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Changing Trade Flows Fuel China’s Record Trade Surplus in May

Changing Trade Flows Fuel China’s Record Trade Surplus in May

The global Covid-19 pandemic is the global economy’s biggest speed bump this century. The International Monetary Fund has said it could shrink the world’s gross domestic product by 3%, and possibly more. Among those that have to adjust the most is China’s mammoth trading economy, the linchpin of global trade.

The long-term disruption still isn’t clear, but already, China is importing more commodities like oil and soybeans, losing exports of consumer items like phones and home appliances, and industrial goods like steel, aluminum and cars, and beefing up outgoing shipments of medical supplies to help fight the pandemic, according to an analysis of May exports and imports by Trade Data Monitor, the world’s premier source of trade statistics.

With so much in flux right now, including a dispute over Hong Kong, the U.S.-China trade war, and coping with the pandemic lockdown, businesses, governments and organizations are tracking data as closely as they can, especially trade statistics.

One trend that’s already clear: With uncertainty abounding, a scramble for key resources is afoot.

China has been ramping up imports of agricultural products. That’s partly because of an agreement with the U.S. to lower tariffs. But it’s also part of a broader trend as nations seek to ensure plentiful food supplies. Chinese meat imports rose 46.7% in May to $2.4 billion from $1.6 billion in May 2019, while soybean shipments increased 25.6% to $3.6 billion. Cereal imports rose 29.5% to $4.4 billion.

It’s also been importing more oil. Chinese crude petroleum imports increased to 48 million tons in May from 40.1 million tons in May 2019. However, a fall in oil prices caused imports by dollar amount to fall to $9.5 billion from $21.1 billion.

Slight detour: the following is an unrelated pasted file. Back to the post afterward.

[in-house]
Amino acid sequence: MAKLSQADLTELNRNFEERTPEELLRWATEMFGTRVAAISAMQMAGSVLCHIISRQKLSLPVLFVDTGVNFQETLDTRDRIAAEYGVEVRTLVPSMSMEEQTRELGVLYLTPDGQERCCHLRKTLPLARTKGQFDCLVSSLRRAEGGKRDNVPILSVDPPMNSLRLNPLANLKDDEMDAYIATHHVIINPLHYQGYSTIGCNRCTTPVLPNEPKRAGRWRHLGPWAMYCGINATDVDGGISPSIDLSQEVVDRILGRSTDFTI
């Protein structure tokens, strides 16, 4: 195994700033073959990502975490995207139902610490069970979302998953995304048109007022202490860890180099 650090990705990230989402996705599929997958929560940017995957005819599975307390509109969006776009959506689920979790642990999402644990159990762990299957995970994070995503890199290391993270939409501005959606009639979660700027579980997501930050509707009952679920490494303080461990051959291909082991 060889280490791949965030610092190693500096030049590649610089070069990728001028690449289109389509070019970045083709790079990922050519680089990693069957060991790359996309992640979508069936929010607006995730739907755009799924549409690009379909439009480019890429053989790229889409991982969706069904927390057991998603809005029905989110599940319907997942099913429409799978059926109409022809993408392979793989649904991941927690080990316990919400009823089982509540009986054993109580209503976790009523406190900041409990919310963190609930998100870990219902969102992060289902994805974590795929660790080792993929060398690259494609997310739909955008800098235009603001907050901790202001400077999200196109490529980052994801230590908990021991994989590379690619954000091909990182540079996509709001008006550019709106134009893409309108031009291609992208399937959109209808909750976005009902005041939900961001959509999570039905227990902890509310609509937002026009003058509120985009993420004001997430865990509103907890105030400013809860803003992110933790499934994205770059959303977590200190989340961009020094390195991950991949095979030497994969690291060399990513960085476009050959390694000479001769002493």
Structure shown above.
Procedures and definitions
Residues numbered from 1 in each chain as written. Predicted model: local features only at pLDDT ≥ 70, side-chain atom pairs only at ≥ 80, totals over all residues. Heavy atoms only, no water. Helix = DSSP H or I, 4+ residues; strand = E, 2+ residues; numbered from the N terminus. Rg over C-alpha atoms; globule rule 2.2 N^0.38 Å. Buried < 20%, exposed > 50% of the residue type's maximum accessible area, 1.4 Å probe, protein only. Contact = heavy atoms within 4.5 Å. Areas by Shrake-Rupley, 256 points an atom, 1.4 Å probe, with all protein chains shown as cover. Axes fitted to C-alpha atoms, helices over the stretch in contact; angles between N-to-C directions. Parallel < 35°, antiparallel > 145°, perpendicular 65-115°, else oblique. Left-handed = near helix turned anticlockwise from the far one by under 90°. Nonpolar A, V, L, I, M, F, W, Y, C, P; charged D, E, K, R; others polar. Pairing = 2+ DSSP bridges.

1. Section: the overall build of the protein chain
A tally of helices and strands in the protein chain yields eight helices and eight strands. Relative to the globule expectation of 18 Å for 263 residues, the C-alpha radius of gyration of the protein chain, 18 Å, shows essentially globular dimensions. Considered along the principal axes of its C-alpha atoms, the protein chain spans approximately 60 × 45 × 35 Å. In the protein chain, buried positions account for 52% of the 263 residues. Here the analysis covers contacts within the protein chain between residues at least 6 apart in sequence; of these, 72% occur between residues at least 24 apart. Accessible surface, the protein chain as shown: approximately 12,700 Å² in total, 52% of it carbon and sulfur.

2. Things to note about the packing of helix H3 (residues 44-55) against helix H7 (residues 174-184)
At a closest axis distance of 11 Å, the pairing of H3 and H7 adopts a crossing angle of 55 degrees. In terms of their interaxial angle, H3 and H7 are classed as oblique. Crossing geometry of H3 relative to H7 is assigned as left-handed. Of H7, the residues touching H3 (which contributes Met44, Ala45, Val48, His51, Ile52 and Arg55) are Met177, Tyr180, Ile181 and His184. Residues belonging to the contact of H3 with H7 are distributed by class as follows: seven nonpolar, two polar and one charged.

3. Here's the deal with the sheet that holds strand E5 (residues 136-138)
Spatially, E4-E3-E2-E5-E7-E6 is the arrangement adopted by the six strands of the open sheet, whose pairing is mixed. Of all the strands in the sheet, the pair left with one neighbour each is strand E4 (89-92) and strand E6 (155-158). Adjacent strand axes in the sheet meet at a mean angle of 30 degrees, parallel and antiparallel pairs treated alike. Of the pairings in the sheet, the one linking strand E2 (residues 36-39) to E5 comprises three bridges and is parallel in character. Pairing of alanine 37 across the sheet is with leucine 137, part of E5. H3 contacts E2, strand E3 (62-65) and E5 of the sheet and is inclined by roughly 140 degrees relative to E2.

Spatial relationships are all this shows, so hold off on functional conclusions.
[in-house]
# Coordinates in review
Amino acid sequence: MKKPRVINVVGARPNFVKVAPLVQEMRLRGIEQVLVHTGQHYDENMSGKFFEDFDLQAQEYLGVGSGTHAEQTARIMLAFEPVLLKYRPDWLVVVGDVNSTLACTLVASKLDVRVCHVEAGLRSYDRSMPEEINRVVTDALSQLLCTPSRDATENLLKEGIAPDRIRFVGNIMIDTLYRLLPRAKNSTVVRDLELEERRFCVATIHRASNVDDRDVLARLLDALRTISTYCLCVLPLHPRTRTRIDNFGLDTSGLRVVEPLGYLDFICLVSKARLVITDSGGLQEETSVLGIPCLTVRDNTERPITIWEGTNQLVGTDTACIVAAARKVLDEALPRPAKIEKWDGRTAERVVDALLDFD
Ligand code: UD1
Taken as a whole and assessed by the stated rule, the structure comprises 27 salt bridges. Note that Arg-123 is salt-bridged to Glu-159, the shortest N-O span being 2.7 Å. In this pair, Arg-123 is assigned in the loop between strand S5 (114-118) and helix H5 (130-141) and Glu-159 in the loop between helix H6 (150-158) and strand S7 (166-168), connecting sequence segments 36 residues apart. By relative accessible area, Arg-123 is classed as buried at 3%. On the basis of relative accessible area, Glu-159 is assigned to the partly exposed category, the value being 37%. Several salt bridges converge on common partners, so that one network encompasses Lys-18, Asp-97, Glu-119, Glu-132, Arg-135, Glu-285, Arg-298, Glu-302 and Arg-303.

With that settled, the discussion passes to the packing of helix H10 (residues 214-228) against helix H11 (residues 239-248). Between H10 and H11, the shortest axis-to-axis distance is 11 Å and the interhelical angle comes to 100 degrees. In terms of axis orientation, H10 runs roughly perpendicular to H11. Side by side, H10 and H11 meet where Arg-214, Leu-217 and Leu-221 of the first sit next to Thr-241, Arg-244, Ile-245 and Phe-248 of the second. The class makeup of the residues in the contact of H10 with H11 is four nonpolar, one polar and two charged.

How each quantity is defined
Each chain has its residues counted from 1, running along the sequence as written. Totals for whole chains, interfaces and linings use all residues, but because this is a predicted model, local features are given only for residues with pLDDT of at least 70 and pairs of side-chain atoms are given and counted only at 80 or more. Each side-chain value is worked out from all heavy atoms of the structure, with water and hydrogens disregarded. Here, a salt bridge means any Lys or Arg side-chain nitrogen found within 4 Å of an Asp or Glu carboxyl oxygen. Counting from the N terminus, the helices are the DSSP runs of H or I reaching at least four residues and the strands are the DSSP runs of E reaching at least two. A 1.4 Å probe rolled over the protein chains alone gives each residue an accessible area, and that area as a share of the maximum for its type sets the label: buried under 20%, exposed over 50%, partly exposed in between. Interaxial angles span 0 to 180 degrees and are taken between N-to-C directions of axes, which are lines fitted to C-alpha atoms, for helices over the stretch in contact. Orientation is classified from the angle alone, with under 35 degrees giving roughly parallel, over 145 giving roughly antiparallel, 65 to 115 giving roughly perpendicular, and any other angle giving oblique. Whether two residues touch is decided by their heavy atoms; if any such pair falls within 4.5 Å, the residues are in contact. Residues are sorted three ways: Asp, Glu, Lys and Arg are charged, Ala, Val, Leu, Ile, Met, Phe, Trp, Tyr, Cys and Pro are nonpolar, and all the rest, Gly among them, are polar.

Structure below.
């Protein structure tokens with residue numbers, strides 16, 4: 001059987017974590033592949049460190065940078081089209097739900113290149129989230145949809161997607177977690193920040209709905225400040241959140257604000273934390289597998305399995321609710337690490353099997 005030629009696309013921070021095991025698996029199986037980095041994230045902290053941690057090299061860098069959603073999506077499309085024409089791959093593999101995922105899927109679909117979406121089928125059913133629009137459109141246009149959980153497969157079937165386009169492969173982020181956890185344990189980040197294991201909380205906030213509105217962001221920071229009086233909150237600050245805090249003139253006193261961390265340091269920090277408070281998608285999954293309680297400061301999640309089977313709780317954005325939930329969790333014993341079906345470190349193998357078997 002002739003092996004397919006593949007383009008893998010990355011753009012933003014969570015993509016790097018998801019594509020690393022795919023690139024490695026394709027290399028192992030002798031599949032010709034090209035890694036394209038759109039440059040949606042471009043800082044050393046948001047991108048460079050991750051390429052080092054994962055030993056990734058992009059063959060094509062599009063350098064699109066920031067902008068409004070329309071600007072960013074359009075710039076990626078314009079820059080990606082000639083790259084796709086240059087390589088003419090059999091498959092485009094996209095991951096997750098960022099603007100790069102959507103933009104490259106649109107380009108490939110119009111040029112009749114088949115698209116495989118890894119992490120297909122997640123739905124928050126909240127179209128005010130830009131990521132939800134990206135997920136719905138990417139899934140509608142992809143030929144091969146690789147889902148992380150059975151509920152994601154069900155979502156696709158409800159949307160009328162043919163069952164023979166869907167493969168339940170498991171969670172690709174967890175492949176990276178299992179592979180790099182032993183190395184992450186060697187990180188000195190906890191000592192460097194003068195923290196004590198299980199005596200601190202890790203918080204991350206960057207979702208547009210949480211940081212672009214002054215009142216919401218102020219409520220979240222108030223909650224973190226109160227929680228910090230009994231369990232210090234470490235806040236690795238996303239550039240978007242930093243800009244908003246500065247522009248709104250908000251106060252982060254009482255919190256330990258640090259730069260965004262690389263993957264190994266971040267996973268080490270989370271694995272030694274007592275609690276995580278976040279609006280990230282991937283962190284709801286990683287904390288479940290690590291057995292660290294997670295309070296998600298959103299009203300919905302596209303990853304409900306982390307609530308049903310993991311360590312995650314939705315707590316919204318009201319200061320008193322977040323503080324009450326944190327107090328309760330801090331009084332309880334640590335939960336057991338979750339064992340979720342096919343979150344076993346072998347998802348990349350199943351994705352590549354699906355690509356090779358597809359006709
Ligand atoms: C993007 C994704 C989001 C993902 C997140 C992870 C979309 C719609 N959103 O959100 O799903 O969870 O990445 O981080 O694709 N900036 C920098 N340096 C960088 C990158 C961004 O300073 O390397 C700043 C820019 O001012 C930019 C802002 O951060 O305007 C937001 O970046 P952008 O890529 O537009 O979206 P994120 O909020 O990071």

World Bank President David Malpass in a recent BBC interview called Covid-19 a “devasting blow” that would disrupt the livelihoods of “billions” and last at least a decade. Those billions include consumers and businesses from all seven continents who buy the iPhones, shoes, furniture, and thousands of other products made in China.

Chinese exports of mobile phones shrank 12% to 66.9 million units in May, from 76.1 million units in the same month the year before. With hundreds of millions of people losing or getting furlough from their jobs, spending on discretionary items is going to take years to recover.

There are some exceptions to the gloom. Exports of medical devices to help fight Covid-19 and related diseases, almost doubled, rising to $2.1 billion from $1.1 billion. And textile exports soared to $20.7 billion from $11.5 billion.

For all the damage Covid has done to consumer markets, it’s been even harsher on industrial goods. Around the world, the pandemic has forced the closure of iron ore mines, steel mills, and car factories from Detroit to Japan. In May, Chinese auto exports fell 14.5% to $1.2 billion, and steel shipments declined 25.7% to $3.7 billion.

To be sure, because of its internal market, sheer size, and other advantages, China is likely to hold on to its status as the world’s dominant manufacturing power. In addition, the Chinese currency, the Yuan, is getting weaker as investors seek safety in the dollar, which will further fuel Chinese exports.

In May, China exports declined 3.3%, while imports fell 16.7%, triggering a one-month trade surplus of $62.93 billion.

That was the highest monthly trade surplus in Chinese economic history.